Target and Borders provide the goods for a new generation of traders


Some days I feel older and stupider than other days.  The older, stupider days don’t come from the normal routine and activities of my life, but from reports of the routines and activities of other people. My life is very routine, I rarely go anyplace new, buy any of new products or use most the the current technology.  I am further out of touch because I don’t see any of the television or movies that other people see.  I just plot along repeating the same things days after day.    My slavish adherence to my own routines makes it very easy for me to be totally caught off guard by a news item.   I have no idea about the things that are common place to other people.  Most other people see, buy and use all of the latest forms of entertainment, products and technology; they are not so easily surprised as I am.  Today, I had one of those feeling old and out-of-touch days.

There were two stories that startled me, both had to do with using technology to turn consumers into  retailers. The first story dealt with Target and the designer clothing line by Missoni.  Missoni clothes are said to be very expensive and in high demand and only sold in exclusive retail outlets.  Target has a special arrangement with Missoni, like agreements it has had with other “high-end” designer lines,  to sell a special line of the clothing under the same label.  Unlike previous special lines sold at Target,  this time when Missoni clothes went on sale there was a rush and inundation of shoppers.  The flood of eager spenders shut down Target’s website and caused many stores to completely sell  all of the Missoni items in stock.  Target simply could not keep up with the demand for Missoni.   The reason for the rush was not necessarily an unmet hunger to own Missoni, but rather a form of speculation – something a kin to a day trader on Wall Street.  Within hours, according to the reports, the many of the Target Missoni items were up for sale again on the Internet – at prices much closer to original Missoni prices than the Target Missoni prices.

The second story comes from Las Vegas and was reported by Richard Lake in the Las Vegas Review-Journal; Lake wrote about the last day of Border’s Books in Las Vegas.  The headline of the story was: Las Vegas’ last Borders has final day as technology renders bookstores obsolete.  My first reaction to the story was derision – what about all of the bookstores that have not closed I wonder to myself?  What about the ones that specialized in niches that allowed them to prosper in spite of the mega-stores and the Internet or those that have combined brick and mortar sales with online sales?  I was off base and out of touch – the story was about reselling brick and mortar stuff online and not about conventional online versus brick mortar retail.  It describes one customer who carefully scans the bar codes on the books and then looks up the going price for the book online.  He buys the books he knows he can resell and make a profit.  Because this was the last day for Border’s the books were discounted by 90 percent, which creates a very good profit margin for the shopper/retailer.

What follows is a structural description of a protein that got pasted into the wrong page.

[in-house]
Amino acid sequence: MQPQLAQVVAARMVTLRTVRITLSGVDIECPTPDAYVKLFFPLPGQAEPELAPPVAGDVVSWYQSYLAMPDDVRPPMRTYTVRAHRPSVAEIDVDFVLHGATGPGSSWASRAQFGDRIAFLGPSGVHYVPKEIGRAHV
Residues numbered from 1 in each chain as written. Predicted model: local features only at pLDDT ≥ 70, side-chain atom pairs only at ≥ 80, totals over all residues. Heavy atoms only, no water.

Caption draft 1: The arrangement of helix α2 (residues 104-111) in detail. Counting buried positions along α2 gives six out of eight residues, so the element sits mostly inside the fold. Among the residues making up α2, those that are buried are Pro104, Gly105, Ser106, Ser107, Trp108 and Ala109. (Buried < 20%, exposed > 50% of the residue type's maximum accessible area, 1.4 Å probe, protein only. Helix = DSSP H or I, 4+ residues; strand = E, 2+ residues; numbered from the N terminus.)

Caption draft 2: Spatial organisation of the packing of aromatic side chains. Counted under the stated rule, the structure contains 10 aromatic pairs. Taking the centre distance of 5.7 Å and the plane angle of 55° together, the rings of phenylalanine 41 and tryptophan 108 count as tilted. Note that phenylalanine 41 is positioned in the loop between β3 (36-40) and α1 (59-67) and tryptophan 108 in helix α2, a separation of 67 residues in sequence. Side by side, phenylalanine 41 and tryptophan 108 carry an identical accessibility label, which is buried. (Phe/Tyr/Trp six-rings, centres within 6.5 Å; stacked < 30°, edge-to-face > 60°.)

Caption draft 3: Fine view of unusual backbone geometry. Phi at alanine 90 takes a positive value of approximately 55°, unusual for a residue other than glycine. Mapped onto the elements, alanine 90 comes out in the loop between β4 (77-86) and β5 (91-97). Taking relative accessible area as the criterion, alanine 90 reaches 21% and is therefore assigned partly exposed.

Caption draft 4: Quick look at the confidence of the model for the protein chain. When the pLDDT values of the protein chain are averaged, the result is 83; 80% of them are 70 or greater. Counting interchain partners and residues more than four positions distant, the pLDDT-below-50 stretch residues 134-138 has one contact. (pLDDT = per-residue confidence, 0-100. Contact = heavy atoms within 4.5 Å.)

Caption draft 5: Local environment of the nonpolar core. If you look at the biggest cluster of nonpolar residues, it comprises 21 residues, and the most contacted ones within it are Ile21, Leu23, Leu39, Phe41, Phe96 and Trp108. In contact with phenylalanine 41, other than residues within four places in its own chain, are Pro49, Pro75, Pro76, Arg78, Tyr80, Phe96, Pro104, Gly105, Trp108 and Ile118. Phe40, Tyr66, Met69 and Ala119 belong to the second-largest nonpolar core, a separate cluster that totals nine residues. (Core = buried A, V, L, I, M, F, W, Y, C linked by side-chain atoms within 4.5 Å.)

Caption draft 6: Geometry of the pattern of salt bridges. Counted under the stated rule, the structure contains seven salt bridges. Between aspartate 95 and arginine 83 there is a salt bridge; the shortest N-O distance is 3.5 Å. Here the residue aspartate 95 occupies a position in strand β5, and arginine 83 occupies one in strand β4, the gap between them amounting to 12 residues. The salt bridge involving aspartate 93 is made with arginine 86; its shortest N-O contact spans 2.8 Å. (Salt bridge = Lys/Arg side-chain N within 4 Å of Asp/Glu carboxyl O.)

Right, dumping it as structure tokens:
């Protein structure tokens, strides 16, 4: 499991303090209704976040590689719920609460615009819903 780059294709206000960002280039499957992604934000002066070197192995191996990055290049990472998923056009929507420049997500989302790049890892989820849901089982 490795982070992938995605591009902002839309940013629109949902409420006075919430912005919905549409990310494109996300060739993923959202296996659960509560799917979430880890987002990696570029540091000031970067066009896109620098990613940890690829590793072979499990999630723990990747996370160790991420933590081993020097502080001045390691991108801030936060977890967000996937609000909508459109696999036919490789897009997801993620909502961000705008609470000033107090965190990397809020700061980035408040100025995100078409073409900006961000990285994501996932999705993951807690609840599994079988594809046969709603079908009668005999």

The shopper can do the same thing with any books he finds on sale in any store, or a sweater, a lawn chair or anything.  All he needs is his bar code scanning device, access to the Internet and he is in business.  The young man interviewed for Lake’s story did not have a job, he made his living trading online. The Review-Journal article does draw the conclusion that technology, online sales and e-reader books are combing to shrink  bookstores, if not destroy them completely.  It also interviewed employees losing their jobs and others remembering a better time for book sellers, book buyers and book lovers.

I don’t know if that is true it technology is going to bring about the demise of books and book selling as we know it.  But I do know there are some major shifts taking place in all retail that we have yet to completely understand.  At one level, these stories are about, if not the oldest, one of the oldest professions in human society; traders have always bought goods from one peson and then resold the goods to another person.  Traditionally, the trader transported the goods on a camel, horse or a donkey to some major urban commercial center.  The modern version eliminates the camel and market square, but the activity is thousands of years old.  On another level, technology allows today’s traders to move quickly, repackage and reprice the goods for a quick sale and then move off to a new product.  They rely on the technology and speed to create a temporary trading opportunity; quick thinking, technologically savvy and adaptive people – that is why their stories catch me off guard – I am none of those things.   And that makes me feel old and stupid.

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